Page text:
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Honing a Niche

Mike Parker and Ann Cowperthwaite of Eidolon Designs have built their name by focussing on the small things like fine craftsmanship, custom details and approaching each new project with a problem solver’s mentality. Their team prides themselves on finesse and overcoming every unexpected issue to help bring creative visions to life.

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MIKE PARKER + ANN COWPERTHWAITE
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What inspired your career choice?

MIKE PARKER + ANN COWPERTHWAITE

When we began in 1984 we saw a great need for better workmanship and we had the desire to work independently and to maintain responsibility for fine craftsmanship. We knew we would need to rise to the constant challenges of refining our craft of custom design and fabrication, and we were ready to do so.

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When did you first know this was for you?

MIKE PARKER + ANN COWPERTHWAITE

It was not a matter of “when” but a determined choice to independently hone a niche for making fine workmanship a priority. We also wanted to partner with other highly regarded professionals: architects, designers and contractors to define and accomplish their visions as well.

With custom work, there are always problems to be solved throughout the process, from beginning to end; some expected, more often than not, unexpected. Flexibility, agility and thinking outside the box are some of the requirements of a good custom shop. For each project we strive to overcome all unexpected issues with finesse, not excuses or by bluffing.

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How do you go about starting a new project?

MIKE PARKER + ANN COWPERTHWAITE

The first consideration is always site conditions. We make sure the materials that are specified and/or used are suitable for the designed environment. All materials are sensitive to temperature, humidity, and use – including finishes. All of these elements must be taken into consideration in order to optimize the performance and life expectancy of each and every crafted product.

Next we consider longevity and stress factors. The inner mechanics of a structure defines the exterior repairability and sustainability of the piece or system. We constantly question “what are the limiting factors?” Many times we have to define compromises – environmental conditions beyond our control that must be accounted for and integrated into the structural engineering process. All mechanics must be engineered and integrated into the design context without interfering with the design itself (e.g. lighting and wire routing; heat and air flow; motion; mechanisms of opening, closing, raising, or lowering; balance and leveling; and tight architectural reveals.)

The key to artful presentation is successful integration of our work with other subcontractors’ work and requirements. Our services are all-inclusive and Eidolon is continually on site, thinking ahead and collaborating with electricians, plumbers, painters, tile contractors, architects, contractors and site superintendents to ensure the greatest degree of success with each and every project installation.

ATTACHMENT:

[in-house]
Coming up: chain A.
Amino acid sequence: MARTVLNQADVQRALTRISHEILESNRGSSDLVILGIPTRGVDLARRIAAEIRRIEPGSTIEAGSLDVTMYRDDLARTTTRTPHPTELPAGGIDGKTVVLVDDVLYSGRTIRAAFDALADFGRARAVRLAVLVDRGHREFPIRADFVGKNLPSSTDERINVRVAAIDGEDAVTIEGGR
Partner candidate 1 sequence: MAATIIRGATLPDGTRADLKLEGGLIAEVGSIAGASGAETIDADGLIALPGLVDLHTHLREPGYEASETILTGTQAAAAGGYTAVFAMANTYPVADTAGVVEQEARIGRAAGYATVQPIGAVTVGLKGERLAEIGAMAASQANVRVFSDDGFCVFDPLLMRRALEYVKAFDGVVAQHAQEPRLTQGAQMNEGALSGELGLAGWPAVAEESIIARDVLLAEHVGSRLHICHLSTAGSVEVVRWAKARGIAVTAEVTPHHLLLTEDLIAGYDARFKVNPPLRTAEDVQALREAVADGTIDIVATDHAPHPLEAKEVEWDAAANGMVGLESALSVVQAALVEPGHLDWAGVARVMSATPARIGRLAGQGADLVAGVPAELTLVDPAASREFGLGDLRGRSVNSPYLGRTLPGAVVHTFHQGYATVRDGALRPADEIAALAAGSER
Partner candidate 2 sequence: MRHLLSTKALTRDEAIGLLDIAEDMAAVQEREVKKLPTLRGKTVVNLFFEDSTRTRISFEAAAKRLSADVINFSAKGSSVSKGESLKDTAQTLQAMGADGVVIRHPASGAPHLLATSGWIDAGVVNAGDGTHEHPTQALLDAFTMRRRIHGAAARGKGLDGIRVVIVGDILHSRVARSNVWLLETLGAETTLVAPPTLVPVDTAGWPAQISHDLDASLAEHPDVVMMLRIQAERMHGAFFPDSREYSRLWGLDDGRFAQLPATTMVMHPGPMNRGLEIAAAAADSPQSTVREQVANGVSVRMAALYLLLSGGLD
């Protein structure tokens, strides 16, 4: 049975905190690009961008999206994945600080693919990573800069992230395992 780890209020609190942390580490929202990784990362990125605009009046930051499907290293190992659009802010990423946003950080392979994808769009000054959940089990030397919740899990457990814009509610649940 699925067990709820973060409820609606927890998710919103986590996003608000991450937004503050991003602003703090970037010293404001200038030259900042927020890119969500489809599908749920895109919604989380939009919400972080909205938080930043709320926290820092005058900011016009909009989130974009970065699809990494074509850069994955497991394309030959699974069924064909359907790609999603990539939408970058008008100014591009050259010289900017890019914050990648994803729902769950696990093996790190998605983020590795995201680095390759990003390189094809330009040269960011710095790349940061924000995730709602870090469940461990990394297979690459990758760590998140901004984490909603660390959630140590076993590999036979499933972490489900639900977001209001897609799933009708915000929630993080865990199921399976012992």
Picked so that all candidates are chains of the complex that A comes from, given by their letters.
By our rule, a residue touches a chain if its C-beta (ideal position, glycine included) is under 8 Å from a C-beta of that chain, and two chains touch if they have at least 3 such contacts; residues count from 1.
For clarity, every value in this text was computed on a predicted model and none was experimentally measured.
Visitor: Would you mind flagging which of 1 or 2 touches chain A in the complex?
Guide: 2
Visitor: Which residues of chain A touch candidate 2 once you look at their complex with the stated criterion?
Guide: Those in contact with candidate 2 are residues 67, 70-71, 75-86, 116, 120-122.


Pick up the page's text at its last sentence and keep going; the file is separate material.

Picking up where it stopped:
The art is in making it look easy – no matter what the complications are beneath the surface.

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What is one material you think is really underrated?

MIKE PARKER + ANN COWPERTHWAITE

This is job dependent. Every project brings unique challenges and oftentimes combinations of diverse materials (e.g. hardwoods, sheet goods, solid surfaces, glass, steel, stone, lighting, etc.) and issues of ventilation need to be taken into consideration when using these different types of materials together.

We do find our use of light-weight engineered materials for large doors and drawer fronts is not the typical norm for other fabricators. Issues of sustainability and environmental impact are also a top priority of Eidolon Designs. For instance the use of waterborne finishes is a standard practice at Eidolon Designs while securing hardwoods harvested from sustainable forests and incorporating alternative surface materials such as Forbo Linoleum, adds to our mission of crafting better and more ecologically sound products for our clients as well as Mother Earth.

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Have you been experimenting with new forms in your practice?

MIKE PARKER + ANN COWPERTHWAITE

Custom craftsmanship demands constant experimentation. As we take on highly articulated projects often involving diverse materials, we have sought to create a solid network of specialized professionals in other areas of fine craft including: metalwork, concrete, glass, machining, stone, finishes and more. The breadth of knowledge these people offer is not only of old-world techniques but also techniques meeting the most modern of applications. In the end Eidolon engineers, specifies, and collaborates with these fine makers in order to shape and realize the vision of each and every project.

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